The Trump administration is moving rapidly to back so-called Gig Economy companies, which deliberately misclassify their employees as “independent contractors” in order to circumvent minimum wage, overtime and other longstanding federal labor laws.
In an open opinion letter released Monday, the US Department of Labor (DOL) sided with an unnamed company, which connects consumers to house cleaners. The company asked the Labor Department’s Wage and Hour Division for clarification on whether it could designate its employees as independent contractors.
The letter, signed Keith E. Sonderling, the acting administrator for department’s Wage and Hour Division, provides a series of specious arguments to justify classifying the company’s workers as independent contractors. The letter claims the housekeeping workers essentially “work for themselves” and are not employees because there are no limitations or restrictions from the company on the hours they can work or to prevent them from working for competitors.
It also said the workers were not “permanent” because they were free to leave the company as they choose and free to use their own “facilities and equipment.” The letter also cited the “lack of integration” between the unnamed company in question and the workers who use the company to find work.
“This DOL opinion letter is a cynical interpretation of employment law,” said Rebecca Smith, a spokesperson for the National Employment Law Project, which has exposed wage theft and other abuses of contract and temporary workers. “Whatever gig company sought the opinion will likely use the letter as a free pass to argue that it acted in good faith in classifying its workers as contractors—even when its actions fail to satisfy the traditional legal test for determining employment status.”
Smith further stated, “The effort to secure a DOL opinion letter may be just one more piece of a coordinated industry campaign to strip gig workers of minimum wage and other employee protections.” The Labor Department, she said, relied on information solely from the company and ignored key facts in the case. The company that initiated the case “assigns workers to jobs, sets their pay, and disciplines them when they fail to meet the company’s rigorous performance standards. Under those facts, how can the workers be in business for themselves?”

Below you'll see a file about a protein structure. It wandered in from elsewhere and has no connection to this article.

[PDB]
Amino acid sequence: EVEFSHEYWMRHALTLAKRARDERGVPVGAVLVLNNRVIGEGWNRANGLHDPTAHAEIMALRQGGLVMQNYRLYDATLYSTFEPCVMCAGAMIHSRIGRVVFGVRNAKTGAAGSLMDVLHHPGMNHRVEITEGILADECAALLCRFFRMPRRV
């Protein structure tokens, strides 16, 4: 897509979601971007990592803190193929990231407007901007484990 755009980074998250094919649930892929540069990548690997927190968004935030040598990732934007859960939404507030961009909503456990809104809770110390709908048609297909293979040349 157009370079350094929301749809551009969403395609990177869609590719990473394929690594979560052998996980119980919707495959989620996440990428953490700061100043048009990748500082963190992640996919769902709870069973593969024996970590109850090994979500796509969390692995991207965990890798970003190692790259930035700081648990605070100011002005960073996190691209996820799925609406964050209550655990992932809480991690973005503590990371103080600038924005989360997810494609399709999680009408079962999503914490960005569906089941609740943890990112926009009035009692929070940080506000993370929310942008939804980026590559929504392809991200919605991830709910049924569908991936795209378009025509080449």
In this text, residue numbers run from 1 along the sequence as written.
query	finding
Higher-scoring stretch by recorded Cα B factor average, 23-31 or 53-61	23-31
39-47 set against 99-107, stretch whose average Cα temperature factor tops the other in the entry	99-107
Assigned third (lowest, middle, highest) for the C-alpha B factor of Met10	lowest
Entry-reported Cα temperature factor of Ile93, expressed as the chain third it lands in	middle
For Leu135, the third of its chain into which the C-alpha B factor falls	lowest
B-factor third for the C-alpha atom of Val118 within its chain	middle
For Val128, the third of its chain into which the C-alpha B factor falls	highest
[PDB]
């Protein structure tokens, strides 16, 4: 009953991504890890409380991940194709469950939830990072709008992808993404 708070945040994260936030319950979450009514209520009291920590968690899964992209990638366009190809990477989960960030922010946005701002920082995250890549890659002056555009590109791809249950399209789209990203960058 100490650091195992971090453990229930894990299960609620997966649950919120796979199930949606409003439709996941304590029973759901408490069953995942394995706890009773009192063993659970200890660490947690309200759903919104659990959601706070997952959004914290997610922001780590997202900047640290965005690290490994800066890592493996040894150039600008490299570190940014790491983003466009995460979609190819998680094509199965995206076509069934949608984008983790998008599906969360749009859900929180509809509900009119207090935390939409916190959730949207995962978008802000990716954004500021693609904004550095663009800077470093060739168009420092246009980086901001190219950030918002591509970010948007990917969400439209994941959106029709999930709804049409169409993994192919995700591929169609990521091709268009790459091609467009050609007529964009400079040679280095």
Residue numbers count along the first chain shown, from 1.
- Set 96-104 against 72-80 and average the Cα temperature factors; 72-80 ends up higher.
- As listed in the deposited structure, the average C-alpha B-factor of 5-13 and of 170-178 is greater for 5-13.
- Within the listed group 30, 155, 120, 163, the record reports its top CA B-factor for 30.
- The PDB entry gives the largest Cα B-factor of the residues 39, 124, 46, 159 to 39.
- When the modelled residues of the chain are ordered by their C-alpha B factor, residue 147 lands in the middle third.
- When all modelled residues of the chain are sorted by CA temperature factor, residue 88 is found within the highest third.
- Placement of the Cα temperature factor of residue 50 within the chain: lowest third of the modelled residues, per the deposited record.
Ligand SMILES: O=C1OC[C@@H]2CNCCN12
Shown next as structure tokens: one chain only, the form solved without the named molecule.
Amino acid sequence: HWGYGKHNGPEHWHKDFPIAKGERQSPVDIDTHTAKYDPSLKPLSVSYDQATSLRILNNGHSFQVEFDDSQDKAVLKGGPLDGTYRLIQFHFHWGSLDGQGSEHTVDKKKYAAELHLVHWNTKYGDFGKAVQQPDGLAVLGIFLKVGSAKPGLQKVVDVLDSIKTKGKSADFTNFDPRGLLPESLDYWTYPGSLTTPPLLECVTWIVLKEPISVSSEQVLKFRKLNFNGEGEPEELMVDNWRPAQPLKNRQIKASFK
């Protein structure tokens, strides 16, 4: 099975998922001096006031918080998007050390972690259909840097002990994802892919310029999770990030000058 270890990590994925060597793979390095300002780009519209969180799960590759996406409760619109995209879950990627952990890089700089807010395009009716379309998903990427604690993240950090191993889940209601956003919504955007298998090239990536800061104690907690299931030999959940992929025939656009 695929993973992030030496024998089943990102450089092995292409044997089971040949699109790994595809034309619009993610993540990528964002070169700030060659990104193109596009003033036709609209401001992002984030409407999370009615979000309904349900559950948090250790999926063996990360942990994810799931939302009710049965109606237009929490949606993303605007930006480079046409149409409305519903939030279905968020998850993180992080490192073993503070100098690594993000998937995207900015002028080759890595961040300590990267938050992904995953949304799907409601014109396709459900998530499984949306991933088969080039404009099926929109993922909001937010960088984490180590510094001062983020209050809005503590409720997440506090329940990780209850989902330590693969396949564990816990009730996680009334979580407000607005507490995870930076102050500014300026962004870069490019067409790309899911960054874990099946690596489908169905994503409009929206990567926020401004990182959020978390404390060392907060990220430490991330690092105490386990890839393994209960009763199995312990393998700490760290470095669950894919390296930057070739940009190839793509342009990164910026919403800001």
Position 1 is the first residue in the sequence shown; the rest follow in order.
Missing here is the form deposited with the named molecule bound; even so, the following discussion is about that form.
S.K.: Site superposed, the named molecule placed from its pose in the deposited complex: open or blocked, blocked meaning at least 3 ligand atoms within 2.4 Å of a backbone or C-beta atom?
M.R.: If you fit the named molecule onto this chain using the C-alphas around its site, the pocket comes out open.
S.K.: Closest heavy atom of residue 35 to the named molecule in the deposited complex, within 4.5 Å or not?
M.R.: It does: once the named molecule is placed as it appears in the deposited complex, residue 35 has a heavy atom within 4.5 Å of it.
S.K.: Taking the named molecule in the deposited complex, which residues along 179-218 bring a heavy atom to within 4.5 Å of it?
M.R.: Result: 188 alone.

The Labor Department letters provides a greenlight to for the greater exploitation of these already vulnerable workers, which in turn will be used to drive down wages and conditions of the whole working class. The Trump administration has stacked various regulatory agencies with former corporate executives and lobbyists while the right-wing majority of the Supreme Court has repeatedly made ruling that block workers access to class action lawsuits by tying them up in arbitration proceedings that inevitable favor corporations.
In a recent report NELP revealed how “intermediary software” companies like Uber and in particular Handy (a home services provider) work with right-wing corporate lobbyists to rewrite labor laws making it easier for them to mislabel workers as contractors. By falsely portraying themselves as merely “intermediaries” between consumer and worker these companies are free to pump out more surplus value from workers by paying them less than the already abysmally low federal minimum wage.
While not legally binding, the opinion letter has far reaching consequences for the potentially millions of workers who currently work “Gig” jobs, driving for Uber or Lyft, and other such part-time jobs made possible through intermediary software apps. If a company can designate its employees as an independent contractor, they are not required to pay the federal minimum wage or overtime, and they are under no legal obligation to provide benefits or workers compensation to injured workers.